To start, here is a photograph showing the bulk of General de Latte's Army of Zichenau at the start of Turn Four after (most of) his orders have been carried out. You'll note that his front line of infantry has deployed from columns of four into three-deep lines and is closely supported by a more fragmented second line of infantry, cavalry, and two batteries of limbered artillery. De Latte's Mittau Volunteers are somewhat ahead of of their main line, supporting the 11th Hussards, who have charged and closed with Stollen's Leib (Grand Duchess Sonja's Own) Grenadiers.
And here is the now fully deployed Zichenauer front line from another angle.
De Latte's engineer battalion and von Auflauf Infantry advance in support of their front line troops while the red battery unlimbers and aims itself at the enemy jaegers holding Eispicke Village.
The rest of O'Malley's Irish Grenzers move into the woods atop the ridge along the northern edge of the Sittangtal. About one third of them are now within musketry range of the von Laurenz Musketeers, who hold the left flank of the Stollenain line.
Due to the extremely close nature of the battle, and perhaps fortunately for von Tschatschke, General de Latte's Grenadiere zu Pferd and Trumbach Dragoons have yet to shift their position to the southern side of the field.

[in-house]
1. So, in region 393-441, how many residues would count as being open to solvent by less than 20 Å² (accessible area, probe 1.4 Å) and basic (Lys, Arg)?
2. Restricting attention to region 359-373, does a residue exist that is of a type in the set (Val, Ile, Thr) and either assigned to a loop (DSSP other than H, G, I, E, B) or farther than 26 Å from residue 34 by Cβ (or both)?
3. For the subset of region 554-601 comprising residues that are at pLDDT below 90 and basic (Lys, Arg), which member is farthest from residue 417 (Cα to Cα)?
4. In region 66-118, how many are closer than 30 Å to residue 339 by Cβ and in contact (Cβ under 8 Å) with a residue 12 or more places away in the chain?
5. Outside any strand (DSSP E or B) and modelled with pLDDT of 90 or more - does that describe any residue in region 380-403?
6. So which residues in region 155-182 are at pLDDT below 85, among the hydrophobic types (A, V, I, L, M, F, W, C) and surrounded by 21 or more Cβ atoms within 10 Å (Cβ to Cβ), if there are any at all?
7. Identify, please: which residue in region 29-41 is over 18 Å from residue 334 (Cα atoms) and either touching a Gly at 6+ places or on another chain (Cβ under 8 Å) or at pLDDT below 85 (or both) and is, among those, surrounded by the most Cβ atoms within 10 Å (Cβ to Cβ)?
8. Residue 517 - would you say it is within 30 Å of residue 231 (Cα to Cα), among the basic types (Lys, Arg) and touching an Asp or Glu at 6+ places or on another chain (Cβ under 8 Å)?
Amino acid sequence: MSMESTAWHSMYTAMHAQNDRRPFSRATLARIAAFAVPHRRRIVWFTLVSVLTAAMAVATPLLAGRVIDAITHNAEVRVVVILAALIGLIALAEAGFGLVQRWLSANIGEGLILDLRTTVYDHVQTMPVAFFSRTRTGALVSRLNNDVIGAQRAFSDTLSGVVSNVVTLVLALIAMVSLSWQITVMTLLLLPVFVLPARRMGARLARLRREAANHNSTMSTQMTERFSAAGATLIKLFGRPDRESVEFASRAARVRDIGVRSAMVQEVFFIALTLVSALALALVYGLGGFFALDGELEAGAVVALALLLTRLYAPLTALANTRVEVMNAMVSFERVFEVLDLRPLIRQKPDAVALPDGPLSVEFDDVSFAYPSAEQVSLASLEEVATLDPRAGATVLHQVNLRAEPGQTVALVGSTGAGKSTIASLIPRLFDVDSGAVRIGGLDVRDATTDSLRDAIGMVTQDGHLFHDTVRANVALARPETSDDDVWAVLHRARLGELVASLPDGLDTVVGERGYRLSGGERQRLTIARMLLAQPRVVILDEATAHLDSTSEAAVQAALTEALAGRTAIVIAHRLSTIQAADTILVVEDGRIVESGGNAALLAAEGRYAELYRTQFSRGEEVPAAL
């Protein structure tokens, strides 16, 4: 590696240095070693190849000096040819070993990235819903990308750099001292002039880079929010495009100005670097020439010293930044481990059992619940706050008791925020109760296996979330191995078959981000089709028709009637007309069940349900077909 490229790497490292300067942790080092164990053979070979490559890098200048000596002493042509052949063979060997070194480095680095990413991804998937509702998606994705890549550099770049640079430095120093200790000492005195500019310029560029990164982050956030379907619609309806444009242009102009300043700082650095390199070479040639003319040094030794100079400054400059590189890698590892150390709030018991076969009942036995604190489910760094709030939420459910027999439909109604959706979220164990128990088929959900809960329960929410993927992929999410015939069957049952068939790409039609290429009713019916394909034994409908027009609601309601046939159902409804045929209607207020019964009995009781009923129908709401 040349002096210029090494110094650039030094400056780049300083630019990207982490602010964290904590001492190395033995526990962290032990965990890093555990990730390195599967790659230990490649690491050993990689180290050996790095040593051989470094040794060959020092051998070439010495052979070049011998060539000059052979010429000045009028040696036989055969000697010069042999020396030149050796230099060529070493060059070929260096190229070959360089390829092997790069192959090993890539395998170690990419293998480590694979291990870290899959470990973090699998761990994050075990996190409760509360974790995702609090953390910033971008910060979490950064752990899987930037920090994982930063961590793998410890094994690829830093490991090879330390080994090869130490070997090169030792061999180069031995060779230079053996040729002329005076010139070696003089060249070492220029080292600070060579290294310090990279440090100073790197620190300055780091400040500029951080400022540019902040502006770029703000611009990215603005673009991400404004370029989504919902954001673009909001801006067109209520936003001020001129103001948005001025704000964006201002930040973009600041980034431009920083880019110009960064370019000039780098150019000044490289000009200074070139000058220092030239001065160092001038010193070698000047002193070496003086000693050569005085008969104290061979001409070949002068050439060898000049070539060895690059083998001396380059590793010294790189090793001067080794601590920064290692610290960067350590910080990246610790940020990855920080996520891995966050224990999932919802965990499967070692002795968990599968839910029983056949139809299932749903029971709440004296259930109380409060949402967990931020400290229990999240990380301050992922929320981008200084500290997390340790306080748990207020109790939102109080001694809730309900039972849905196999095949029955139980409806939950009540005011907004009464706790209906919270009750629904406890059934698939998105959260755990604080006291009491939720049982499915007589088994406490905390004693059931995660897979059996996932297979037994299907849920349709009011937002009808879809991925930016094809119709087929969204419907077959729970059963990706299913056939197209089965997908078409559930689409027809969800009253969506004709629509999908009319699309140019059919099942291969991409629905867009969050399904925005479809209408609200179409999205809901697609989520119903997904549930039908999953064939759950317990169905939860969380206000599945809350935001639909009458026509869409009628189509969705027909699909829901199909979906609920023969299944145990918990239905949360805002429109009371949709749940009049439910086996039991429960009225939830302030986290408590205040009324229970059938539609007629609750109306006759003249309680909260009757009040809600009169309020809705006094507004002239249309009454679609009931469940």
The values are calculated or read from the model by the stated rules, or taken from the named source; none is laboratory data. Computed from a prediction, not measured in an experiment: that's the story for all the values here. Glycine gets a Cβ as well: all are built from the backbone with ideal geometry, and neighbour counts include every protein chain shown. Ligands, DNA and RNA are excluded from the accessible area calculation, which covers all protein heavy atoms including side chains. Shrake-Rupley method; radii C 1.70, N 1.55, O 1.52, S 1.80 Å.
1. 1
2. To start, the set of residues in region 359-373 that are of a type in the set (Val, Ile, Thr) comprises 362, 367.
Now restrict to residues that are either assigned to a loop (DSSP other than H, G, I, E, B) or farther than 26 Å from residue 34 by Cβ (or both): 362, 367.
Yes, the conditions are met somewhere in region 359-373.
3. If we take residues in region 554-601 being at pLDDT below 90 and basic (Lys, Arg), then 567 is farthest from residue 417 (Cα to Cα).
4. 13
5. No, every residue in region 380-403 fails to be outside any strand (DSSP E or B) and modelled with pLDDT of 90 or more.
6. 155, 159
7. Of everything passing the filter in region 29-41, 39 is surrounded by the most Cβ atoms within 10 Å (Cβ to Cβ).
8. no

Here is a general picture of the Stollenian front line.
General de Latte's third company of Mittau Volunteers advances downhill in open order toward von Tschatchke's guns.
A vicious melee seems poised to develop between de Latte's 11th Hussards and von Tschatschke's Leib Grenadiers and artillery battery near the southern edge of the Sittangtal.
De Latte's red battery of artillery loads charges of shell and waits for the order to fire on the enemy troops holding Eispicke Village.
Safe for now, a company of Von Tschatschke's engineers watch and wait on the far side of the Blau Zwischen River.
Unaware that a battery of enemy artillery has trained its sites on them, General von Tschatschke's remaining Jaegere zu Fuss make ready to fire on the flanks of de Latte's first and second lines of infantry.
The von Laurenz Musketeers refuse their left wing to meet the threat posed by General de Latte's Irish Grenzers, who no have a firm hold on the wooded ridge along the northern edge of the Sittangtal.
"Oh, I say! You there! Von Waldmuenchen? Have those new John Lobb riding boots I commissioned last summer arrived yet?" General von Tschatschke seems unphased by developments elsewhere on the field of battle. A clever ruse designed to fool his opponent General de Latte? Or is it, instead, compete failure to grasp the precarious nature of his hold on New Sittangbad?